Figure 4 shows the average number of collected eggs over 21 days of treatment with EHFAo. In the period before treatment, the spawning occurred in regular intervals among all groups, with 100% of fertilization and hatching.
The highest numbers of deposited eggs were observed in the groups exposed to EHFAo at 100 and 200 μg/L (126.5 ± 20.2 and 136.4 ± 24.7, respectively); a total of 18 spawns were registered in the group treated with the concentration 100 μg/L and 15 spawns in the group treated with the concentration 200 μg/L. The treatment resulted in an apparent concentration-dependent increase of spawning.
3.3. Embryos Lethality and Teratogenesis Assessment
Lethal effects observed in the embryos, whose progenitors were exposed to EHFAo, included coagulation and absence of heartbeats, registered up to 96 hpf. These lethalities were more prominent in the groups whose progenitors were exposed to the highest concentrations (Figure 5). Mortalities caused by the occurrence of several alterations in one single embryo were also registered up to 96 hpf.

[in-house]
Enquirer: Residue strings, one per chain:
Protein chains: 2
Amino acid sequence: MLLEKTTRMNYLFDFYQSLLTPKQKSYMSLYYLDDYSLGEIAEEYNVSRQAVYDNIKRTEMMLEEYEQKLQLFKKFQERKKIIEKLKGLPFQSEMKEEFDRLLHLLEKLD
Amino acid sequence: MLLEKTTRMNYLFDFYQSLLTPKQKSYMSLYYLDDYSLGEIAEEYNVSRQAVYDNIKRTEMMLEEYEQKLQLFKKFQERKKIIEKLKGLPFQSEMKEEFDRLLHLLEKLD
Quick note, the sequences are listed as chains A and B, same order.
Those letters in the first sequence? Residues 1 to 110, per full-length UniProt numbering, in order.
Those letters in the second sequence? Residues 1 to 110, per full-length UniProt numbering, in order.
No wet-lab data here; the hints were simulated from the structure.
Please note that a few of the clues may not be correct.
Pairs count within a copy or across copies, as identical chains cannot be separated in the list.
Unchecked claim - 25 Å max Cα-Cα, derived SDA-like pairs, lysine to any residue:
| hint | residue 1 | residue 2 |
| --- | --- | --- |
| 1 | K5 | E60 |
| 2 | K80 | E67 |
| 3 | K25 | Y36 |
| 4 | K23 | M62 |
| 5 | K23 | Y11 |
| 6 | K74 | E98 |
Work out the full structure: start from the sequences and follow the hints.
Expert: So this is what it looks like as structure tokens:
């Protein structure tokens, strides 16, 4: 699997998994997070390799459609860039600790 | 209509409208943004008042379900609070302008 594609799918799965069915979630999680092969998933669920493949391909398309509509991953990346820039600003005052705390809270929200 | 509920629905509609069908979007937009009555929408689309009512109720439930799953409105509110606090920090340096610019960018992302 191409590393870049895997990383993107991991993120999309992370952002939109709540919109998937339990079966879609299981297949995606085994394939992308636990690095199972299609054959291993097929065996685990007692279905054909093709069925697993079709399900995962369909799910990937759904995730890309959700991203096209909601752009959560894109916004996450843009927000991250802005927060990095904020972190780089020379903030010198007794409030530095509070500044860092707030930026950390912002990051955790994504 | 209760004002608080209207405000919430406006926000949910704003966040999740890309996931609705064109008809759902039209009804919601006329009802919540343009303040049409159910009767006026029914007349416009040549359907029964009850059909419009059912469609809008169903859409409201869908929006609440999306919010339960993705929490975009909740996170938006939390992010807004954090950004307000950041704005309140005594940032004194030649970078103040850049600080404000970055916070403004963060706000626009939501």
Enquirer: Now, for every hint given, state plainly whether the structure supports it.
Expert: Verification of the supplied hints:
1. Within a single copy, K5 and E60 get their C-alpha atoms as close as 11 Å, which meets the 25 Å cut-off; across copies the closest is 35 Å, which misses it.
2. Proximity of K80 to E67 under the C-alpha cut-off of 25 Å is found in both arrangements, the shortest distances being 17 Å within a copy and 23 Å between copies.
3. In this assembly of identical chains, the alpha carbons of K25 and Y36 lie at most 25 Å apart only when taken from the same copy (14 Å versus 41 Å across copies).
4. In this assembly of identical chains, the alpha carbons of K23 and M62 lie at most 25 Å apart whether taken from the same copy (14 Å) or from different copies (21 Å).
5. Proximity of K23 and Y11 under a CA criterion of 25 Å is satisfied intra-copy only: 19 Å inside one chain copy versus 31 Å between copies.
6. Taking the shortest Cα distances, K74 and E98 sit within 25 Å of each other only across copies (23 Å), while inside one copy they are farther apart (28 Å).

The number of embryos with at least one malformation was higher between 48 and 72 hpf. In this period, all larvae had already hatched (Figure 6), allowing a better view of embryos’ structure. After 96 hpf, occurrences of malformations decreased in all groups.
The most severe and evident malformations recorded were yolk and cardiac edema (Figures 7(d), 7(h), 7(i), and 7(k)). The total number of cardiac edema occurrences was 38, 147, and 196, in groups B, C, and D, respectively, while the number of yolk edema occurrences was 42, 153, and 175. However, only group D—whose progenitors were exposed to EHFAo at 200 μg/L—had a statistically significant difference compared to the control group (A). Larvae with such malformations did not survive after 96 hpf.
Tail deformity (Figures 7(e), 7(h), 7(j), 7(l), 7(m), and 7(n)) and retarded growth (Figure 7(n)) were frequently observed alterations, but without a statistically significant difference when compared to the control group. These alterations resulted in impaired larval movement, which was evident in groups C and D. The least frequent alteration was scoliosis, with two occurrences in group A, 5 in B, 18 in C, and 22 in D.
3.4. Spilanthol Metabolism In Silico Assessment
Figure 8 shows spilanthol metabolites predicted by the software MetaTox and the reactions to form them. The software DL50 value for spilanthol was 20.80 mg/kg in rats. Among the chemical reactions predicted by the enzyme CYP450 (Figure 8) were aliphatic hydroxylation, C-oxidation, N-glucuronidation, N-acetylation, epoxidation, and glutathionylation.